It might be worth noting that only one of the four reprinted stories comes from a traditional SF publication (“Creative Nonfiction” appeared in Asimov’s), but that two are from Conjunctions, the literary journal edited by Bradford Morrow, which has been unusually welcoming to authors such as Park, Jeffrey Ford, John Crowley, Elizabeth Hand, Peter Straub, and others comfortable in the borderlands. One of those stories, “A Resistance to Critical Theory”, is a good example of how rewarding and how problematical those borderlands can be. On the one hand, it can be read as the sort of literalization of metaphor that’s sometimes viewed as SF property, but the metaphors in this case come from postmodern literary theory, which Park parodies with perhaps a tad too much glee (“It wasn’t so easy, distinguishing the post-anthropologic from the predeceased”). His central character Yvette, a graduate student whose thesis adviser has recently committed suicide, sets out to sabotage a trendy professor at a lecture – and perhaps to commit murder. While the tale works its way toward a rather graphic horror story denouement (with a comic fillip at the end), getting there involves follow ing some abstruse arguments apparently derived from the actual theories of Julia Kristeva, Donna Haraway, and others, and having some awareness of the controversies surrounding the WWII activities and anti-Semitic writings of deconstructionist guru Paul de Man. Without revealing too much, it’s safe to say that the idea of the posthuman gains a rather blunt literalized meaning.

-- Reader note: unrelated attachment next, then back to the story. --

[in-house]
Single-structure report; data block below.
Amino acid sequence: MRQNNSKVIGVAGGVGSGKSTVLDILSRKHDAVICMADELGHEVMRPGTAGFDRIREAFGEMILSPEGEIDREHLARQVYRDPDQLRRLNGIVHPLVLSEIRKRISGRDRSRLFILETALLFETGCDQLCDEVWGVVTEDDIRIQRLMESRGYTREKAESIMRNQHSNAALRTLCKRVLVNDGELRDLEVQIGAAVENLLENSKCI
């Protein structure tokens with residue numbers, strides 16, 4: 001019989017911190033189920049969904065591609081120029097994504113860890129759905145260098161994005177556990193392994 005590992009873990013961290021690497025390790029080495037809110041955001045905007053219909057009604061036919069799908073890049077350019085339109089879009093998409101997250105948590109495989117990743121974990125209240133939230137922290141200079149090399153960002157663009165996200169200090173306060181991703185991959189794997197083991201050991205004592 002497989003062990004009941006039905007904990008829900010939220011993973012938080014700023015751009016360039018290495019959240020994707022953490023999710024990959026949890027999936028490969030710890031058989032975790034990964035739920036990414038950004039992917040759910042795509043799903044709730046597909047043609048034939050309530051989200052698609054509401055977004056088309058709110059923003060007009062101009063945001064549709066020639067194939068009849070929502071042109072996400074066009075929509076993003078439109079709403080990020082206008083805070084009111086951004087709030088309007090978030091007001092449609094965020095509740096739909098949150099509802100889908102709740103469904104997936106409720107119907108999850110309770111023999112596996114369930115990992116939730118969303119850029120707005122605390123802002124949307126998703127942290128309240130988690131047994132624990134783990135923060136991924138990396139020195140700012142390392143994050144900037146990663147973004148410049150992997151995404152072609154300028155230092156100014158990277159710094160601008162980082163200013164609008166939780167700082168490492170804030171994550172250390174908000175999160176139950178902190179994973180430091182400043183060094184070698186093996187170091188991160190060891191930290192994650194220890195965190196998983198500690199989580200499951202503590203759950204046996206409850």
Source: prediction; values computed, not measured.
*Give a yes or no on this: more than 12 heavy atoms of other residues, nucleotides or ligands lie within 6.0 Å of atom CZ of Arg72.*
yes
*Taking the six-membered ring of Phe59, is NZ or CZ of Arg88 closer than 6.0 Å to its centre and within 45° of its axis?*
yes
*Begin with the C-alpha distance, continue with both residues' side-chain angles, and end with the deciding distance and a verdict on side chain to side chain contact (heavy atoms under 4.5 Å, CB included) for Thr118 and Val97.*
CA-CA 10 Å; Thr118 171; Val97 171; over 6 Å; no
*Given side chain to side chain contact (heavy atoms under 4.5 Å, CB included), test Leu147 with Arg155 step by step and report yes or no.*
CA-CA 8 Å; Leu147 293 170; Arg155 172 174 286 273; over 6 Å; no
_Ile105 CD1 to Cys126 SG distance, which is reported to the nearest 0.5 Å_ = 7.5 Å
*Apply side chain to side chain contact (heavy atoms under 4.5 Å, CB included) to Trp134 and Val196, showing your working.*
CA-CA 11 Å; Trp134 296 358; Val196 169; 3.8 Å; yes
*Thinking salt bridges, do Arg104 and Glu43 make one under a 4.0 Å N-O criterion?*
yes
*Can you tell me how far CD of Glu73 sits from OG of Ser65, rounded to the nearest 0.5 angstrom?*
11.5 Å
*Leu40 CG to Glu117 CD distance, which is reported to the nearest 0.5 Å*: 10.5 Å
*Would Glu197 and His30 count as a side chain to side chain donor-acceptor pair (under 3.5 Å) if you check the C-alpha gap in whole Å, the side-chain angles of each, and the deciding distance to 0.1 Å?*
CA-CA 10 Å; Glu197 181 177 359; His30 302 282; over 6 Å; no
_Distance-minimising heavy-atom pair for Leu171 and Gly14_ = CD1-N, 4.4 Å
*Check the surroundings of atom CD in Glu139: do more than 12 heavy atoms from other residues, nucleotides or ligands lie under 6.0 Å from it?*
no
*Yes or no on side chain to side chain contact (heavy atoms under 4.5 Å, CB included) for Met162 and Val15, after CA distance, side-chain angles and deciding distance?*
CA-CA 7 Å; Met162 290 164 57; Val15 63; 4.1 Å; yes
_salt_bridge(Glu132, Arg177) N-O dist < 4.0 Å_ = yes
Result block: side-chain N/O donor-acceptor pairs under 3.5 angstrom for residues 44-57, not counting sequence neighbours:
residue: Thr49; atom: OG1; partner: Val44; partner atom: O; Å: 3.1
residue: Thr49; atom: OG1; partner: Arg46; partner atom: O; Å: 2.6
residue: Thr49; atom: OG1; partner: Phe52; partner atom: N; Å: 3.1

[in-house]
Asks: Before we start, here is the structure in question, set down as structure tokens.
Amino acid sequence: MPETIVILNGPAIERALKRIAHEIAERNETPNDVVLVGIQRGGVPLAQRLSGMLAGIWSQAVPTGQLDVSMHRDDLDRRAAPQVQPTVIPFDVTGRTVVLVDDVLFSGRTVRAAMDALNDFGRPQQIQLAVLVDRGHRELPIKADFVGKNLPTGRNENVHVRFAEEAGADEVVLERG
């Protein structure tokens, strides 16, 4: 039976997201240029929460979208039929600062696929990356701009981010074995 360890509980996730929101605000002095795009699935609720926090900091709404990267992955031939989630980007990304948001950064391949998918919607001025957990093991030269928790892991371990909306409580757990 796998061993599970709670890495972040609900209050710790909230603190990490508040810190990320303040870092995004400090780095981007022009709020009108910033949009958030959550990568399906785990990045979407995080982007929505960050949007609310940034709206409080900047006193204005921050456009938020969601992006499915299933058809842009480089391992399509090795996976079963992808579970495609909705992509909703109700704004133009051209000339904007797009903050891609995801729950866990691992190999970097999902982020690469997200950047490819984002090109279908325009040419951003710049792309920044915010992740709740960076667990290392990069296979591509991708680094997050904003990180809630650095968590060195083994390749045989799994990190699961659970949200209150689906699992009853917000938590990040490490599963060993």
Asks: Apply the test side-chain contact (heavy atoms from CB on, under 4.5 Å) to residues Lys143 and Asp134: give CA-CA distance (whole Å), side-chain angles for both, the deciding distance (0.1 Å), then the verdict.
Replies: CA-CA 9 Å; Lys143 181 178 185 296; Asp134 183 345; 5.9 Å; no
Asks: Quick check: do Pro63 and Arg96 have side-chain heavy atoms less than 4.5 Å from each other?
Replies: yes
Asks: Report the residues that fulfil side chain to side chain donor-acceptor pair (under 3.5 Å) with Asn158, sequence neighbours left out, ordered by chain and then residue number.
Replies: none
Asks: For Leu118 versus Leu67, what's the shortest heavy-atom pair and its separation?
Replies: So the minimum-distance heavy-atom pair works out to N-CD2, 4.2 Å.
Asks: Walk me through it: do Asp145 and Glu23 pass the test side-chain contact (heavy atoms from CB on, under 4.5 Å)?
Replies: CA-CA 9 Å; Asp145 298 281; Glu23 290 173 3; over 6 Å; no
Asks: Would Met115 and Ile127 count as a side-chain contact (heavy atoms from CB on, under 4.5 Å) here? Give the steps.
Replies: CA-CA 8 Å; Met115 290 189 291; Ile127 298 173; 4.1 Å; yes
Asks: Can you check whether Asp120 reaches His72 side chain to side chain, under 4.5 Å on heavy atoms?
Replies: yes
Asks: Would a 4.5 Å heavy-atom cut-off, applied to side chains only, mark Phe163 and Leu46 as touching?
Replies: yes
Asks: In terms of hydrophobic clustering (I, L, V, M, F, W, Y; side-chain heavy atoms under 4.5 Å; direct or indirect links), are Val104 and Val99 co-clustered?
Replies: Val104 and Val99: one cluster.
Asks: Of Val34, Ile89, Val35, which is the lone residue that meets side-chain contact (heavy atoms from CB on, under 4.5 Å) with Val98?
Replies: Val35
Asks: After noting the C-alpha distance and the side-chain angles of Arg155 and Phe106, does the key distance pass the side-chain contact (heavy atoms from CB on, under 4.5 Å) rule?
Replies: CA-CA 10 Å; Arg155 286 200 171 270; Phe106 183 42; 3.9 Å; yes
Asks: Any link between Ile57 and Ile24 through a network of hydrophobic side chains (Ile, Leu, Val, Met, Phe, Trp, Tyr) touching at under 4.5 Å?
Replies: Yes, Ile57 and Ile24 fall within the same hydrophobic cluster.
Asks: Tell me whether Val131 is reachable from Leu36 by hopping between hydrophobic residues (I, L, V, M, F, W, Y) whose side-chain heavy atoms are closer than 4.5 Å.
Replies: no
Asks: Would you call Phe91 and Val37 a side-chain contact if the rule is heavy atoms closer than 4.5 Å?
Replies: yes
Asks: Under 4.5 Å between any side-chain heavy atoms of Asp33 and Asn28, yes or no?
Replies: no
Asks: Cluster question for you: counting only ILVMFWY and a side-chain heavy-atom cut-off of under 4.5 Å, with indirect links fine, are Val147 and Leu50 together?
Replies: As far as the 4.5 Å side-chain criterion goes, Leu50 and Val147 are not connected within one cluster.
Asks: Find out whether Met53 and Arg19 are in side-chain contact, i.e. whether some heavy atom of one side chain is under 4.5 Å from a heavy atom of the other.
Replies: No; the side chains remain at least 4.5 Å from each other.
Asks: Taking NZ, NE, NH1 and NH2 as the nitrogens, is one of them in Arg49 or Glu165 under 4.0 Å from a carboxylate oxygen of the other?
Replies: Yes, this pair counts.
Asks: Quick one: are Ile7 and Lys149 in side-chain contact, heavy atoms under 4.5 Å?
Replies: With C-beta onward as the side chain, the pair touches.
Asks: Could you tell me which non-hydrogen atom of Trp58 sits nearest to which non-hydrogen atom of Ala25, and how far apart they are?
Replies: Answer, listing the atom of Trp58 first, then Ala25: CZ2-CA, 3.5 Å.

The academic setting recurs in “Creative Nonfiction”, the Asimov’s story, and in “A Conversation with the Author” (which, to avoid confusion, is a story title and not the title of Bisson’s interview with Park; Park seems to enjoy story titles that don’t sound like fiction at all). In “Creative Nonfiction”, which carries a few echoes of David Mamet’s play Oleanna, a part-time college teacher is having trouble with an ambitious and attractive young student upset that he’s only given her a B on a “creative nonfiction” assignment that begins increasingly to interpenetrate his actual relationship with her, in a world that seems to be growing ominously apocalyptic. “A Conversation with the Author” at first appears to be a traditional author interview, focusing on questions of teaching writing, but quickly takes an ominous turn when we learn that the interrogation is taking place in a bare room over a metal table, that the author has been “brought in for questioning,” and that his arms are strapped down in a wheelchair: it’s a critique of creative writing programs oddly crossed with Guantanamo-like interrogation.